About Kirtipur

Just 5 kilometers from Kathmandu city lies a rocky hill where the ancient town of Kirtipur sits. Its name means "kirti" (glory), "pur" (city). While the main Newari area is on a hilltop, the town stretches to several neighboring villages.

Bagh Bhairab Temple complex, Kirtipur Kathmandu
Bagh Bhairab Temple complex, Kirtipur Kathmandu

Kirtipur makes an excellent choice if you would like to try some independent bus travel, being only a 25-minute ride from Kathmandu city. Thus, it's a great town to visit for a first attempt out of Kathmandu city by public transport.

Kirtipur can be visited in a half-day trip, making it an excellent choice to fill any time you have in Kathmandu. For a full guide to Kirtipur, do read my Kathmandu Valley guidebook.

Did you know?

You can view Kirtipur from Swayambhunath as it stands on a rocky outcrop above Kathmandu city

History of Kirtipur

A former capital of the Kathmandu Valley, Kirtipur has always been a bit of a rebel. Its history dates back to 1099 AD when it was part of Patan. When King Prithvi Narayan Shah invaded the valley in the 18th century, Kirtipur broke away.

However, in 1767, Kirtipur was brought back into the kingdom following 23 attempts to conquer it by the King. On the 23rd attempt, one of Kirtipur’s noblemen defected and was able to launch a final assault on the beleaguered town. These battles became known as the “Battle of Kirtipur”.

In 2006, Kirtipur became the center for an uprising against the monarchy in Nepal.

What to see & do in Kirtipur

Whether you take a taxi or a local bus from the Ratna Bus area, you will likely be left by the local bus park at the bottom of Kirtipur hill.

Chilancho Stupa in Kirtipur Chilancho Stupa : Built back in 1515 by Emperor Ashoka, the harmika is damaged at the top and sits awkwardly these days. Surrounding the Stupa are several brick and white chaitya. The front of the stupa is fenced in to protect thieves from stealing the copper work behind it. Be careful if visiting this area in the evening as there have been reports of aggressive street dogs.

Sadly, in early 2017, a vandal destroyed the Buddha faces around this stupa. It doesn't look out of place, but you can see where the faces have been removed. It looks to be more the work of a "religious vandal" than theft due to the close cutting of the stone.

Tri Ratna Temple is worshiped by both Hindus and Buddhists alike. It encompasses Buddha, Dharma, and Sangha. The temple took some mild damage in the 2015 earthquake. To the right down a street are two large golden Buddha statues.

Dev Pukku: Is Kirtipur's main water source fed by underground water. To the tank's left is the very well-preserved former Royal Palace.

The Bagh Bhairab Temple is one of Kirtipur's main attractions. The courtyard is Kirtipur's finest. The main courtyard is filled with shrines and temples. It's worth having a look at a few as they are extremely unique.

Uma Maheshwar Temple in Kirtipur Uma Maheshwar Temple is guarded by two elephants wearing saddles made of metal spikes (to keep people off presumably). The temple was originally built in 1663 with four roofs, but one was destroyed in the 1934 earthquake.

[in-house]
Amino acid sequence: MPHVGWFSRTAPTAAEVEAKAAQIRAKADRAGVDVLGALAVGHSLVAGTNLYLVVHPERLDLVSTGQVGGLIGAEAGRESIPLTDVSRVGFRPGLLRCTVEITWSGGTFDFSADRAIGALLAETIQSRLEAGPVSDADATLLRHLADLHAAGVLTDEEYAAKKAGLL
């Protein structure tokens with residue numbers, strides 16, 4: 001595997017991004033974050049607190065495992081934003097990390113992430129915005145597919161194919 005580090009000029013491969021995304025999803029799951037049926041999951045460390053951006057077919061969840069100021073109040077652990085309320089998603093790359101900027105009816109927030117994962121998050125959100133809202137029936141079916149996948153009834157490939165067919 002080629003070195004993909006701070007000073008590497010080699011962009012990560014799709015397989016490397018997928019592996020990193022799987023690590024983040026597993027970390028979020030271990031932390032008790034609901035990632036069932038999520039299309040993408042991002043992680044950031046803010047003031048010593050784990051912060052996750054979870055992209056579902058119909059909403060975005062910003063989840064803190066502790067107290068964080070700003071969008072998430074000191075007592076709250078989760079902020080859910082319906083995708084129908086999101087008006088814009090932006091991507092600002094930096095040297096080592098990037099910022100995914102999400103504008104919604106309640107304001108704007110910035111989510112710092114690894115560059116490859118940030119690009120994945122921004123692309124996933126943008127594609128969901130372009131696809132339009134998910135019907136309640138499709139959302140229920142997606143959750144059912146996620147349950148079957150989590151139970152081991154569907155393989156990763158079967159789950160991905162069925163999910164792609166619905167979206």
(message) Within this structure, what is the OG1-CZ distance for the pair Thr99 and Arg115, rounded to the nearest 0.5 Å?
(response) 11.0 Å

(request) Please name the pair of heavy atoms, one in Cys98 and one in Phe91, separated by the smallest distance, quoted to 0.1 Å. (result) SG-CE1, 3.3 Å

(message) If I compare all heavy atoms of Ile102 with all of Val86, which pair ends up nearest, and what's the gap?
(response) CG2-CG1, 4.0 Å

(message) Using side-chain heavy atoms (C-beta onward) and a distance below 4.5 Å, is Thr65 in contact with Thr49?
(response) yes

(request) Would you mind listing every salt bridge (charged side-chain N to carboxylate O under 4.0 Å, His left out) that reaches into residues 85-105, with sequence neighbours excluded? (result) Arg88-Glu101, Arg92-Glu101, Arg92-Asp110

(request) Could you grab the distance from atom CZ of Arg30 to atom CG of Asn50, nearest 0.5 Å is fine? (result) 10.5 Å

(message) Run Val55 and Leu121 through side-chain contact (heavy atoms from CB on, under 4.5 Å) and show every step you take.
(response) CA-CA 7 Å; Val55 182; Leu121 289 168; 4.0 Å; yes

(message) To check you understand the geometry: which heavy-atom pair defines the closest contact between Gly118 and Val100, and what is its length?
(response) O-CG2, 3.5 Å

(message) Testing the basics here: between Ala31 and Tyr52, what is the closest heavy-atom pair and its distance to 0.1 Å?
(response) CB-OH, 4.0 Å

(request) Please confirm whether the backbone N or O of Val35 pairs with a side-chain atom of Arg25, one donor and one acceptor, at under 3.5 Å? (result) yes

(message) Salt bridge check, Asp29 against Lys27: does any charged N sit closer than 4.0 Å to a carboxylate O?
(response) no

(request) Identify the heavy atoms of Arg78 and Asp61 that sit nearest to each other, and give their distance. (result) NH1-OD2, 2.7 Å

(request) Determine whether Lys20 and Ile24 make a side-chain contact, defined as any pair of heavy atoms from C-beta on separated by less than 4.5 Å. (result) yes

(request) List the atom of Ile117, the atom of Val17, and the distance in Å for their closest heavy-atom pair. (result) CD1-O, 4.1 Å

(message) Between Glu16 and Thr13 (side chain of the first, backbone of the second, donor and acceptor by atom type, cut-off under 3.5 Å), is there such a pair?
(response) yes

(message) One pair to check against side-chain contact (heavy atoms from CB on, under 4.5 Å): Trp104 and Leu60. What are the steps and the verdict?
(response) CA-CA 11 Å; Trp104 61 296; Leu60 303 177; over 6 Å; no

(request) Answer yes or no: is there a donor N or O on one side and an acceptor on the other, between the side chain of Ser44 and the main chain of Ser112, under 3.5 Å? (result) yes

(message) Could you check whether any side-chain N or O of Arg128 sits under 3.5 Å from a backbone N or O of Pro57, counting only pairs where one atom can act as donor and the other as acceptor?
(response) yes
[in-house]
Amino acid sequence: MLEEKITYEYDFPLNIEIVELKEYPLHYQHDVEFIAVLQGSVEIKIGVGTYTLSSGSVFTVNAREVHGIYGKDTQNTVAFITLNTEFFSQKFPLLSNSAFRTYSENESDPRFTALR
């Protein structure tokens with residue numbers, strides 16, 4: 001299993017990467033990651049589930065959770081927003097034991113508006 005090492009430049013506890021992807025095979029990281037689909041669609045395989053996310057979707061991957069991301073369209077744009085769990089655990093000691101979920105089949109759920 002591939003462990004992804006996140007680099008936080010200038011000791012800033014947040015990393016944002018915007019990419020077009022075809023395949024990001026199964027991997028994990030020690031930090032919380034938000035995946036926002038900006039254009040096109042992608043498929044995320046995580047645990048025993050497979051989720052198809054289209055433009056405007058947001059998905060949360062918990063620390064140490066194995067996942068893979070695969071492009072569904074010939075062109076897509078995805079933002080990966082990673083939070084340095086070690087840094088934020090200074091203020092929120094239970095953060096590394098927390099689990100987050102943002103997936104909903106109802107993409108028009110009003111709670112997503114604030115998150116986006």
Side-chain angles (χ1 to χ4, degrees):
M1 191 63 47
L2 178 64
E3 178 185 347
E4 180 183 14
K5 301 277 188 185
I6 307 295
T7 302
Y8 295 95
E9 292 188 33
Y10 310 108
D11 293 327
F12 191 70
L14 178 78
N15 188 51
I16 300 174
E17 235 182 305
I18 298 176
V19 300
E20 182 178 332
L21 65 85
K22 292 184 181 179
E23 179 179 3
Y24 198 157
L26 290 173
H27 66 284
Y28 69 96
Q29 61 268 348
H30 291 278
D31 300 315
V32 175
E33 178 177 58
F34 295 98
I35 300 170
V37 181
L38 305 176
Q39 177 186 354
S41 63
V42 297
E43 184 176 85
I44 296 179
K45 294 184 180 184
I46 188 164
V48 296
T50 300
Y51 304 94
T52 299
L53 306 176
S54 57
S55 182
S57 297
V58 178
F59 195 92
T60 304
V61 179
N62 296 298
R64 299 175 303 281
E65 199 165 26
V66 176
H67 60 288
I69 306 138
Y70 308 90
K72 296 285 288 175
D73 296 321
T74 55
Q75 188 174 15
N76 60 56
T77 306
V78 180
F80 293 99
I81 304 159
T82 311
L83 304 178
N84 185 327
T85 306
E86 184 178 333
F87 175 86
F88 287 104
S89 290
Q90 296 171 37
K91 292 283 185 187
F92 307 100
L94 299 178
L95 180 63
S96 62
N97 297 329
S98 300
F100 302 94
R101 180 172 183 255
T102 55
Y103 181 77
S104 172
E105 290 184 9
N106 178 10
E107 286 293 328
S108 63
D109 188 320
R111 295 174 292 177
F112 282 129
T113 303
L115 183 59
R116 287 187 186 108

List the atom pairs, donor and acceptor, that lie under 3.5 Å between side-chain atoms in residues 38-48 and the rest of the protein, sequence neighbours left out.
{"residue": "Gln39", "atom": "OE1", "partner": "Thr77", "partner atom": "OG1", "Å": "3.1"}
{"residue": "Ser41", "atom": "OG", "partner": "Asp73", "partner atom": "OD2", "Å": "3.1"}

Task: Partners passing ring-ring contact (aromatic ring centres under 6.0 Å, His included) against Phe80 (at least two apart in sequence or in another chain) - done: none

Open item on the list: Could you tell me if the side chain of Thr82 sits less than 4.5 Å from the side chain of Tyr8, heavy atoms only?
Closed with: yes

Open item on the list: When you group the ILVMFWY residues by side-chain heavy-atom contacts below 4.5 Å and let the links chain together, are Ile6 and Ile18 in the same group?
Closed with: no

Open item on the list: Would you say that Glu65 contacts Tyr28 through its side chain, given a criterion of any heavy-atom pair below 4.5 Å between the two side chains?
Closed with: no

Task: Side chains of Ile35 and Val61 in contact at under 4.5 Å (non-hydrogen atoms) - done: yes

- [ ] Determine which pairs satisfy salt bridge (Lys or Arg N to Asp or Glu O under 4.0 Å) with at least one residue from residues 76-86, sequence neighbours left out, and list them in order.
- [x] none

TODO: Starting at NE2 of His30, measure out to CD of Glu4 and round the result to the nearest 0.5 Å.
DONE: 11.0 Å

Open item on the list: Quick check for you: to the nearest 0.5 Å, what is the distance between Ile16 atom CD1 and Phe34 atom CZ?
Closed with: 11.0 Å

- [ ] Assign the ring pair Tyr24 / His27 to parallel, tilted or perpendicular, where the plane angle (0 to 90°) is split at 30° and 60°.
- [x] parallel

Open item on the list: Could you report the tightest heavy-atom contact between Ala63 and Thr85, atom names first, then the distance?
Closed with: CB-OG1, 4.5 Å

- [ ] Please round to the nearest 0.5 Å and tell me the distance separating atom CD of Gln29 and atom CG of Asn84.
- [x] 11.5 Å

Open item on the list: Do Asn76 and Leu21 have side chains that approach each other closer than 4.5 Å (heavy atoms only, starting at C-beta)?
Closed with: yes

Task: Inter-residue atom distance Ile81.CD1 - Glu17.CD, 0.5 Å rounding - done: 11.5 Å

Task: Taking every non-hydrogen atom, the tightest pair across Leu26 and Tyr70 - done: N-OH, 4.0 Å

Shri Kirti Vihara lies at the bottom of Kirtipur and is the only Thai style temple in Nepal outside of Lumbini. It is a Theravada monastery of the southern school of Buddhism and it was built in 1975. At the bottom is the main temple dedicated to the Buddha alongside a Thai style pagoda. While to the right is a smaller building with several Buddhist murals and paintings.

Accommodation in Kirtipur

As Kirtipur is only 25 minutes from Kathmandu city there really is no need to stay there.

That said the one hotel in the are is not bad and makes for a good overnight getaway. The Kirtipur Hillside Hotel offers slightly dated the rooms which are clean with various sizes to choose from. There’s a restaurant on site with great views over the valley and a rooftop for even more views. I've already found the best price l and you can book a room directly at Kirtipur Hillside Hotel.

Restaurants in Kirtipur

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Kirtipur's restaurant scene is touch and go. During off-peak season, don't expect anything to be open in the old part of the city. Head to Naya Bazaar (where the bus leaves you off).

Newa Lahana: If you are looking for genuine Newari food surrounded by old village utensils and farming equipment, then this is the place you'll find it. Prices are inflated, which is a shame. Try the aloo (potato) dishes as a safe bet or Dal Bhat. Otherwise, give the spicy Buff Choila a go! (mains $4.50+)

Kirtipur Viewpoint Restaurant: Right beside the Uma Maheshwar Temple, you'll get spectacular views along with standard Chow Mein & Dal Bhat. There is some Newari cuisine on offer too, should the cook be inclined. (mains $3.50+)

Kirtipur map

Map showing Kirtipur in Kathmandu

Entrance fee to Kirtipur

There is a 100 rupee fee for all non-Nepali to enter Kirtipur.

How to get to Kirtipur

Take a taxi for 400 rupees from Thamel to Naya Bazaar in Kirtipur 15 minutes. Then on the way back just hail one down in the same location or up at the base of the steps leading to the old town on the hill.

Buses leave every 30 minutes from Kathmandu’s Ratna bus park for 15 rupees. It takes about 25 minutes. Do tell the bus conductor/driver that you want to get off at “Kirtipur - Naya Bazaar”. On the way back it’s the same bus stop, but the stop is across the road. In 2024 buses for Kirtipur leave on the road just south of Ratna Park.

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